While Memphis folkies tend to slip under the radar -- their heyday, after all, was in the '60s, when they ruled the scene at the Bitter Lemon coffeehouse -- there are still a few local musicians holding on to the tradition: Bob Franks, Andy Cohen, and, of course, Sid Selvidge. Selvidge studied under blues great Furry Lewis back in the '60s, and it shows: His honeyed tenor has far more soul in it than the average folkie, and he can bend his frets as well as any Beale Street player.
Selvidge's interest in music began even earlier, when he was growing up in Greenville, Mississippi, following the river north to Memphis for college, where, save for a short sojourn in St. Louis, he's been ever since. "Memphis is my home. I've lived on the river my whole life. It informs everything I do," he says.
Here, he fell in with Jim Dickinson, Lee Baker, Jimmy Crosthwait, Alex Chilton, William Eggleston, and fellow folkie Horace Hull. In 1963, according to Robert Gordon's It Came from Memphis, Selvidge and Hull were hired by Dickinson for the First Annual Memphis Folk Festival, held in Overton Park. The show, Gordon points out, "laid a cornerstone for the four Memphis Country Blues Festivals that were to come."
"It's kinda weird," Selvidge muses, when asked about It Came from Memphis, which documents an oft-overlooked period of the local music scene. "I'm not a self-promoting kinda guy," he demurs. "But I'm glad that it keeps the music going. It keeps our culture alive."
Selvidge himself has done whatever necessary to keep that culture alive. He's worked as a disc jockey, run a record label (Peabody Records, which boasted a roster of such stars as Cybill Shepherd, Chilton, and Gimmer Nicholson), written an opera, and released four solo albums. (His 1970 debut, Portrait, was released on Stax subsidiary Enterprise Records.)
But it took years for Selvidge to return to the studio to record his latest full-length, A Little Bit of Rain, available now on Archer Records. "When you do records like I do, you're not gonna make a lot of money. If you get too much product out there, you'll be competing with yourself," Selvidge says, making a reference to his 1992 album Twice Told Tales, which was released by the Elektra/Nonesuch label as part of their American Explorer series.
"I thought that as long as there was a good CD out there, that was fine. But then Elektra remaindered the whole series, and I started thinking it could be time to make another CD. Ward Archer told me that he wanted me to make an album for his label, and I told him if we can make it right, I'll do it."
It's no surprise that Selvidge brought in old friend Dickinson to produce the album. Dickinson and Selvidge had performed for years as Mudboy & the Neutrons, a fantastic ragtag blues and folk outfit that also included Crosthwait and Baker. But in '96, Baker was killed, and although the rest of Mudboy remained close friends, they couldn't bring themselves to perform together.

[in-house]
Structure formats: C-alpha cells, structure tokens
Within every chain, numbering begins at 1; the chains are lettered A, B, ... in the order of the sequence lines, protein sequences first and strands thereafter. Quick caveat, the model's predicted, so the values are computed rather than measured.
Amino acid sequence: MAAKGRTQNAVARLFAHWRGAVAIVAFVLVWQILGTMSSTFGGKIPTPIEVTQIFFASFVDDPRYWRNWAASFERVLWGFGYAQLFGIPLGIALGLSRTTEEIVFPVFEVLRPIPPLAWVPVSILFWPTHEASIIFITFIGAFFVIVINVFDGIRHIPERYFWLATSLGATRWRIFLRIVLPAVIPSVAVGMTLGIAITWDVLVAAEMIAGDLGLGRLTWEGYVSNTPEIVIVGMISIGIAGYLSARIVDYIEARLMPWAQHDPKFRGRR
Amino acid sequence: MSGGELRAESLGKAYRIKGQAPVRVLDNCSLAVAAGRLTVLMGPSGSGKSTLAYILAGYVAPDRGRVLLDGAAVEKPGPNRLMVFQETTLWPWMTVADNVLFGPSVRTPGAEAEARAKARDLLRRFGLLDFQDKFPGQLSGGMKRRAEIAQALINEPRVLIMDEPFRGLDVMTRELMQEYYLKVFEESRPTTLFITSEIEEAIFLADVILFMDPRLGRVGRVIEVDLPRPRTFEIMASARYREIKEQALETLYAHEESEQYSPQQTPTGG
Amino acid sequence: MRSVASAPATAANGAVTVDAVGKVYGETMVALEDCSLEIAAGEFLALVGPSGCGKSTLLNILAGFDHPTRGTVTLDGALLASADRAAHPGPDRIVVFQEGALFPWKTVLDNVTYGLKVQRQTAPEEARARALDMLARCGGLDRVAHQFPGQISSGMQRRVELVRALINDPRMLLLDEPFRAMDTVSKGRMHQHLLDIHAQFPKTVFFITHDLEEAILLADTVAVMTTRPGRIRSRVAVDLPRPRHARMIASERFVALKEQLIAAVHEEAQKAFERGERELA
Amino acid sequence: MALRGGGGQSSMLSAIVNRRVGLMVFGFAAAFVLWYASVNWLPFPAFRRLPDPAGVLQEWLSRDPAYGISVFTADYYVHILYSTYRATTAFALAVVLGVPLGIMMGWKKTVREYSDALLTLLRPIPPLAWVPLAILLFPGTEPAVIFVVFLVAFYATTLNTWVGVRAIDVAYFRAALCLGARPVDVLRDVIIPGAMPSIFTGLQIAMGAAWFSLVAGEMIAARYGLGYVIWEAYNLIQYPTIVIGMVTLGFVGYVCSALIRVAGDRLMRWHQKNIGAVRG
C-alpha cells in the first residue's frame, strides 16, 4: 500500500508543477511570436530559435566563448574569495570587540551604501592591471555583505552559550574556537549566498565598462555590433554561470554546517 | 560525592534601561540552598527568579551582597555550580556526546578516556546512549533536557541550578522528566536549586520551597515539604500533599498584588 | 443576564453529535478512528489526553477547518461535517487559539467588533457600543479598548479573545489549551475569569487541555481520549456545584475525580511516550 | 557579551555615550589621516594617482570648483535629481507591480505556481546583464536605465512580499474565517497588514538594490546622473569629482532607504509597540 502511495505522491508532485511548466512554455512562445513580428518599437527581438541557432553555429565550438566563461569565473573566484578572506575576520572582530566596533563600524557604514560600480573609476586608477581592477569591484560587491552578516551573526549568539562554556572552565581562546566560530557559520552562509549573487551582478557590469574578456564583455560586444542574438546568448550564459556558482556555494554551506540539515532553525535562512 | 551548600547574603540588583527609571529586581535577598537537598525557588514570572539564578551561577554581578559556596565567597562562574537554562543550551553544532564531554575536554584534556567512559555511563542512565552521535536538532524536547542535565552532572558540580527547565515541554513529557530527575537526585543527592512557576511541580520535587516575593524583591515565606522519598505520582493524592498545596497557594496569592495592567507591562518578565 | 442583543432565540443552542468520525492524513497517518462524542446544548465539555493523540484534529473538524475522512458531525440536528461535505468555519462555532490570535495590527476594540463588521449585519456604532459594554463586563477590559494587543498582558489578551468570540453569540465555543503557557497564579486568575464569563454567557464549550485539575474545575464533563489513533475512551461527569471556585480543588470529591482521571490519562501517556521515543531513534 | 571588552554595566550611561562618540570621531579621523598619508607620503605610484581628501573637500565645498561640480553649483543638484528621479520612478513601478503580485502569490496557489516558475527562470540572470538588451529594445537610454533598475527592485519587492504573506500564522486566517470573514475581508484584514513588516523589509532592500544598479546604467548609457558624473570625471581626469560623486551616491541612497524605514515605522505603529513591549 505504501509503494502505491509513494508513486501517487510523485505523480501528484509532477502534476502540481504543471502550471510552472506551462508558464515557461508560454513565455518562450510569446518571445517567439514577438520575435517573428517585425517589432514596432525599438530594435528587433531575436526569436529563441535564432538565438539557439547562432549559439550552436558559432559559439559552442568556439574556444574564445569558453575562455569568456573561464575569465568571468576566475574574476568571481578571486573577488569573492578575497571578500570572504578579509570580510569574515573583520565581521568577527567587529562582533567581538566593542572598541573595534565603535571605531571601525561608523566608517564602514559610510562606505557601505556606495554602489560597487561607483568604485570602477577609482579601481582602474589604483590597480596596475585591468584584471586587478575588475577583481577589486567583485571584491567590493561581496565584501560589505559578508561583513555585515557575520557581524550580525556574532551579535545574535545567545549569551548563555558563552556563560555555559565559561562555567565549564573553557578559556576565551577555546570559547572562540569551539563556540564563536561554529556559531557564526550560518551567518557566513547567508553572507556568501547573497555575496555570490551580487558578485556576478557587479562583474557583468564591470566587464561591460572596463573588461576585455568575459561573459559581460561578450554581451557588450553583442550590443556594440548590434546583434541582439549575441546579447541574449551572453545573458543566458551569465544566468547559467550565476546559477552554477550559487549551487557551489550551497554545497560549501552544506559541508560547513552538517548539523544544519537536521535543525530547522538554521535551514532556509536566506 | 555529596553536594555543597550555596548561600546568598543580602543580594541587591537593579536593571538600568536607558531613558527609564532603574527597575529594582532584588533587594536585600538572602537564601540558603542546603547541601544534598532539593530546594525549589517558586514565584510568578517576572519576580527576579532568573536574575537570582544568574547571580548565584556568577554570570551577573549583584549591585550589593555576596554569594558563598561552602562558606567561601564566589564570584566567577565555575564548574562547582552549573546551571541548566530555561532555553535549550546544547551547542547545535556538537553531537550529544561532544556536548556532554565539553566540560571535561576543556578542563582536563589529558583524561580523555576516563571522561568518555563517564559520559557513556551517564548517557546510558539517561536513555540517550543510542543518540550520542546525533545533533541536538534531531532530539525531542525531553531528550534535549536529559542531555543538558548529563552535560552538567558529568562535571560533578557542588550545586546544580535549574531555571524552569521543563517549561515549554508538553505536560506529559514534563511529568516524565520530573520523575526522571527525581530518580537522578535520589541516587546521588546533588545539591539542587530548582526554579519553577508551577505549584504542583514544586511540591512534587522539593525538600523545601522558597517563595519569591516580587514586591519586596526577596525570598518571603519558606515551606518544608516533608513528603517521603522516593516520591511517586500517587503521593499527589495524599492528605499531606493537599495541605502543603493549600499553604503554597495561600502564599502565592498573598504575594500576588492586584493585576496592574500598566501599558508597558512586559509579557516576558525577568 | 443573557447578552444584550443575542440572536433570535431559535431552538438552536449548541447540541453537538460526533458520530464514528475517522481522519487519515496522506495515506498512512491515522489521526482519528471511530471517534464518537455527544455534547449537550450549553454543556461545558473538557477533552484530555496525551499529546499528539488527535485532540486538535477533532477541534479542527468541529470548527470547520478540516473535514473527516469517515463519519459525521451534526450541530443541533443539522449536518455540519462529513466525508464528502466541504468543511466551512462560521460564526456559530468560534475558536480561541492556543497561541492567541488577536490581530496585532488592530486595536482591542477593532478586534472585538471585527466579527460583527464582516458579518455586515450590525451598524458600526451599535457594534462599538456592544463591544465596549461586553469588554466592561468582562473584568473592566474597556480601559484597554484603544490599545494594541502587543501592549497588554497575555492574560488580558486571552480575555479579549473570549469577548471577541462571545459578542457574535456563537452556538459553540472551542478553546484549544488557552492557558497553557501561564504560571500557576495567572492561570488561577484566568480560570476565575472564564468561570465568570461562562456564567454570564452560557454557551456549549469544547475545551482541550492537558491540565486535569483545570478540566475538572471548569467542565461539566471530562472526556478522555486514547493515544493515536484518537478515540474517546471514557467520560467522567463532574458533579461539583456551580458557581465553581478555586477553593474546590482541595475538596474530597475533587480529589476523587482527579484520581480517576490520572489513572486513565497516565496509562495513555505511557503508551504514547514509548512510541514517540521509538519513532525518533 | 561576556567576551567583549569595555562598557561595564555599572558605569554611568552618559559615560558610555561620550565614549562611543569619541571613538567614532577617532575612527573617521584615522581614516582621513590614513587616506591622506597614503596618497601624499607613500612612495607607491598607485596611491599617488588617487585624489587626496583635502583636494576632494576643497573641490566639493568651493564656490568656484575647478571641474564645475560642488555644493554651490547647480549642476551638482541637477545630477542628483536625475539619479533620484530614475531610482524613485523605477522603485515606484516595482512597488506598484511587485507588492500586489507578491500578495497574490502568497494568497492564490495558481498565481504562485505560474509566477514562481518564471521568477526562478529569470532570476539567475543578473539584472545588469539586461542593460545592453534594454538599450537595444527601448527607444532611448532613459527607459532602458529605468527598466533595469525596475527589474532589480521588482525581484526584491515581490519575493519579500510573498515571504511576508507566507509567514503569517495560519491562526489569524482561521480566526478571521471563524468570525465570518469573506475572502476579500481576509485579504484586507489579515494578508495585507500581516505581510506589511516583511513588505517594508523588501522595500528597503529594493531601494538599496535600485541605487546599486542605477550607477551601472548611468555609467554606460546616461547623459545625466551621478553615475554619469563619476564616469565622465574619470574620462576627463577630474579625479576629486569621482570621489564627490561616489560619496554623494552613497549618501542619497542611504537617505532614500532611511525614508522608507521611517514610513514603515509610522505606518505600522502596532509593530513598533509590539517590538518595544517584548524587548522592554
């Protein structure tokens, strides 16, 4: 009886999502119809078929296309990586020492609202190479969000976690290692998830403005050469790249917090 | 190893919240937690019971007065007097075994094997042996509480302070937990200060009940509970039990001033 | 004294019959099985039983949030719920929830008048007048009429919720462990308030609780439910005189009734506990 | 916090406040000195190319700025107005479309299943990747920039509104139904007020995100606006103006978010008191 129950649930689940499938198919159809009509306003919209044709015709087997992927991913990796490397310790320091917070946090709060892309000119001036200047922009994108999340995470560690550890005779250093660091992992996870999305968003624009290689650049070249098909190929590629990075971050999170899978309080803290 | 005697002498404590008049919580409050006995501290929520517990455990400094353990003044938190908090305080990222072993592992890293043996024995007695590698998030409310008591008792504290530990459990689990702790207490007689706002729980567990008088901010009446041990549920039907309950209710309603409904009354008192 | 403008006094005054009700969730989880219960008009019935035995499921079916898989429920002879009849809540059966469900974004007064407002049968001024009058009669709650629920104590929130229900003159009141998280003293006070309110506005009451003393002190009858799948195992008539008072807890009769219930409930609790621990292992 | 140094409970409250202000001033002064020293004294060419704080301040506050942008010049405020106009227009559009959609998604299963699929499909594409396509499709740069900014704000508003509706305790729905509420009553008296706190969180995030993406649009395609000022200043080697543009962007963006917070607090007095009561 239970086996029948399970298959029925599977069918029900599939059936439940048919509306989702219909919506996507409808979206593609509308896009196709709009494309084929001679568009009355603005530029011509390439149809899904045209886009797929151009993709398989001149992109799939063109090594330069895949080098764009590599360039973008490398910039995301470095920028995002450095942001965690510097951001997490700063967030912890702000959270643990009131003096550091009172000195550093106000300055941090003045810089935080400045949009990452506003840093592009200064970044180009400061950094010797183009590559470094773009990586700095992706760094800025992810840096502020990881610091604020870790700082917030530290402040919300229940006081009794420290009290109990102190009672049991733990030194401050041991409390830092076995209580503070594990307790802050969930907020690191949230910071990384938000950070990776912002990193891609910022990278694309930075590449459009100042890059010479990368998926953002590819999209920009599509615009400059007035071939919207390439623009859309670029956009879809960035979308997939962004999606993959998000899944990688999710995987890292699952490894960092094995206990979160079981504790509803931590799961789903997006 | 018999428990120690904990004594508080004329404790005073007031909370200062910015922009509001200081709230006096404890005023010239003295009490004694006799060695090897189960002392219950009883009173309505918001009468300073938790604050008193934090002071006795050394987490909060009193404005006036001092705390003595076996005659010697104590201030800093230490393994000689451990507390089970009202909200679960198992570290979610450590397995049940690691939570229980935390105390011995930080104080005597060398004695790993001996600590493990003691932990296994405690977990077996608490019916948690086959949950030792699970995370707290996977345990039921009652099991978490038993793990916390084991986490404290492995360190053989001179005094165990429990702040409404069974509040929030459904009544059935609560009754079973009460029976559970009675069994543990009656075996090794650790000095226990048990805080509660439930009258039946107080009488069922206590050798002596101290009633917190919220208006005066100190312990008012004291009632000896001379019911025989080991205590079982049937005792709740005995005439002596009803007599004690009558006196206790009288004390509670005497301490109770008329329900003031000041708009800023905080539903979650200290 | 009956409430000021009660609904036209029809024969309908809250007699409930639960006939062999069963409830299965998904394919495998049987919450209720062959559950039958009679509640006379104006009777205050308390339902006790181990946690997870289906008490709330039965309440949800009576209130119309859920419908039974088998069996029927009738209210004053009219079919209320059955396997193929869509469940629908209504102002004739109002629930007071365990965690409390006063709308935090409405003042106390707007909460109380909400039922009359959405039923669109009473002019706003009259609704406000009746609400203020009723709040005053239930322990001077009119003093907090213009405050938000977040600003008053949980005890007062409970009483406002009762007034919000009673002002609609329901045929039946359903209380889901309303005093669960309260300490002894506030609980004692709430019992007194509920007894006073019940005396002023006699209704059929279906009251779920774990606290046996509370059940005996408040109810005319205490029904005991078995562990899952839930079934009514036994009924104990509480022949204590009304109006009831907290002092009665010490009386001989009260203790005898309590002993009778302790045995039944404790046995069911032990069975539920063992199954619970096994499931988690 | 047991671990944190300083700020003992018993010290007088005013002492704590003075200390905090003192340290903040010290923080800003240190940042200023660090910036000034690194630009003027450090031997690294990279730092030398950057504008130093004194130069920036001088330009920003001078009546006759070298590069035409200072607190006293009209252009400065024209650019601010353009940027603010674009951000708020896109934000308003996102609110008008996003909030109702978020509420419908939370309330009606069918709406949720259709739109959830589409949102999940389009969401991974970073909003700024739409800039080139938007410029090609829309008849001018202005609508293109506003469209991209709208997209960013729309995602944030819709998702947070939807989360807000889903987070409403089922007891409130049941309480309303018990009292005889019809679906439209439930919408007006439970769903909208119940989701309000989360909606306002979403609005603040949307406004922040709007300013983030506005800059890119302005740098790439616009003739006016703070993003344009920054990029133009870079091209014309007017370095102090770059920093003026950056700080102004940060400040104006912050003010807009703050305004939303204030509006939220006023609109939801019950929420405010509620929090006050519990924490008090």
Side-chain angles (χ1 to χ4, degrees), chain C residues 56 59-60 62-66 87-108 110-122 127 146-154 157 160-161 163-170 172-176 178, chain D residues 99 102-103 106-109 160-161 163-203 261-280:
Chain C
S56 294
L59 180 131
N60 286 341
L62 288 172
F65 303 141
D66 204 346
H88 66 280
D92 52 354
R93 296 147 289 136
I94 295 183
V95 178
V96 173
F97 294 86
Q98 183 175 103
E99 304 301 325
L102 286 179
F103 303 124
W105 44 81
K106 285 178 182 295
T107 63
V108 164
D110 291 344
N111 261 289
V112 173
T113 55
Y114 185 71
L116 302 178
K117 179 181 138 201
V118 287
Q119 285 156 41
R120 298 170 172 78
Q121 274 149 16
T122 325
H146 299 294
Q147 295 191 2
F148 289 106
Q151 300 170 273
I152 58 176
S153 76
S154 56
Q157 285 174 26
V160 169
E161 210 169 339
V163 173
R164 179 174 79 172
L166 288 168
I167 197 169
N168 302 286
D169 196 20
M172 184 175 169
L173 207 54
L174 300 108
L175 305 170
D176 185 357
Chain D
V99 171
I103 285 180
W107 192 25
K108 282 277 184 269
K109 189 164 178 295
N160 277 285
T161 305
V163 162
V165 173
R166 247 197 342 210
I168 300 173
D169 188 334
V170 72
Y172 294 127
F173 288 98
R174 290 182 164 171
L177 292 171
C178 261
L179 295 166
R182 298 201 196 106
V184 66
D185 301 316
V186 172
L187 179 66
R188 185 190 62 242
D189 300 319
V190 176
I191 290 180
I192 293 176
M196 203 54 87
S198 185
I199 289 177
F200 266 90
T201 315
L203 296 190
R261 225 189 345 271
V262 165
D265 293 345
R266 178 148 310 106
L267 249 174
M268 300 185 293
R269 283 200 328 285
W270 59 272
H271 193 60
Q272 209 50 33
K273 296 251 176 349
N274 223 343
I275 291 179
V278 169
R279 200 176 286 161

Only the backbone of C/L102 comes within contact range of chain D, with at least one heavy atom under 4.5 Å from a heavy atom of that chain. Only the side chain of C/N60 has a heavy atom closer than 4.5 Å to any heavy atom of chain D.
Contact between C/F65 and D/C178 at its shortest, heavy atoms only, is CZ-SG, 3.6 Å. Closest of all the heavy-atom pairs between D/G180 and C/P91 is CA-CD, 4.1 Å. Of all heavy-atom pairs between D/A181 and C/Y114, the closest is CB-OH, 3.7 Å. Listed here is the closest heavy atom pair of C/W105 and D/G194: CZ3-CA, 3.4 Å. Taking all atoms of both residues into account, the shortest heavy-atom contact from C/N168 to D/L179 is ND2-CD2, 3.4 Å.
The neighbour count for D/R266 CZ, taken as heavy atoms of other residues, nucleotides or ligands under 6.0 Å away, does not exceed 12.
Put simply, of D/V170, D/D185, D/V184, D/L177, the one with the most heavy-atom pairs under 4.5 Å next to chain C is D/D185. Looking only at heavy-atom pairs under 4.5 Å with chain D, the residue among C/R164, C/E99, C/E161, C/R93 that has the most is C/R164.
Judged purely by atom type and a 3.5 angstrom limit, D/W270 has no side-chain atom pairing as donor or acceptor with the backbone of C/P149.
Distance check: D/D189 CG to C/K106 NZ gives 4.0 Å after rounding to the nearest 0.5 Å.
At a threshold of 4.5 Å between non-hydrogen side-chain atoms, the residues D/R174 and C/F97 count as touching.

"There were a number of ghosts that needed to be taken care of between us," Selvidge says. "I don't think Ward understood the production process. To him, it must've seemed like all we did was sit and talk, but we got the job done. It wasn't the easiest thing to do without our friend, but he was certainly there."
On the title track, a seldom-heard Fred Neil number, Selvidge eloquently sums up the group's loss with these words: "If I should leave you/Think about the good times/Long days filled with sunshine/And just a little bit of rain," his voice taut with emotion. It's a stark, stunning introduction to the album, and, in the liner notes, Selvidge calls it "the ultimate goodbye song." He doesn't name Baker per se, but the underlying reference is obvious.
"I don't know if it's a blessing or a curse, but in Memphis, you have to be such a generalist to make it in the music biz," Selvidge says, when asked about his role as executive director for the nationally syndicated radio show Beale Street Caravan. "I started off in radio, on WDDT in Greenville. When the opportunity for Beale Street Caravan came along, I had to laugh. It brought everything full circle. I felt like Tim McCarver after he stopped catching for the St. Louis Cardinals. He started doing the play-by-plays," Selvidge says with a laugh.
"If you're put on earth to make music, you can't just turn your back on it. But by definition, there's absolutely no money in folk singing," Selvidge says. But then he hastens to add a final thought. "Memphis is a scrappy town -- the music holds on. It's the only place I know of in America where there's a chance for something unique to happen."
Sid Selvidge will be performing at Shangri-La Records on Friday, April 25th, at 5:30 p.m.
You can e-mail Andria Lisle at firstname.lastname@example.org.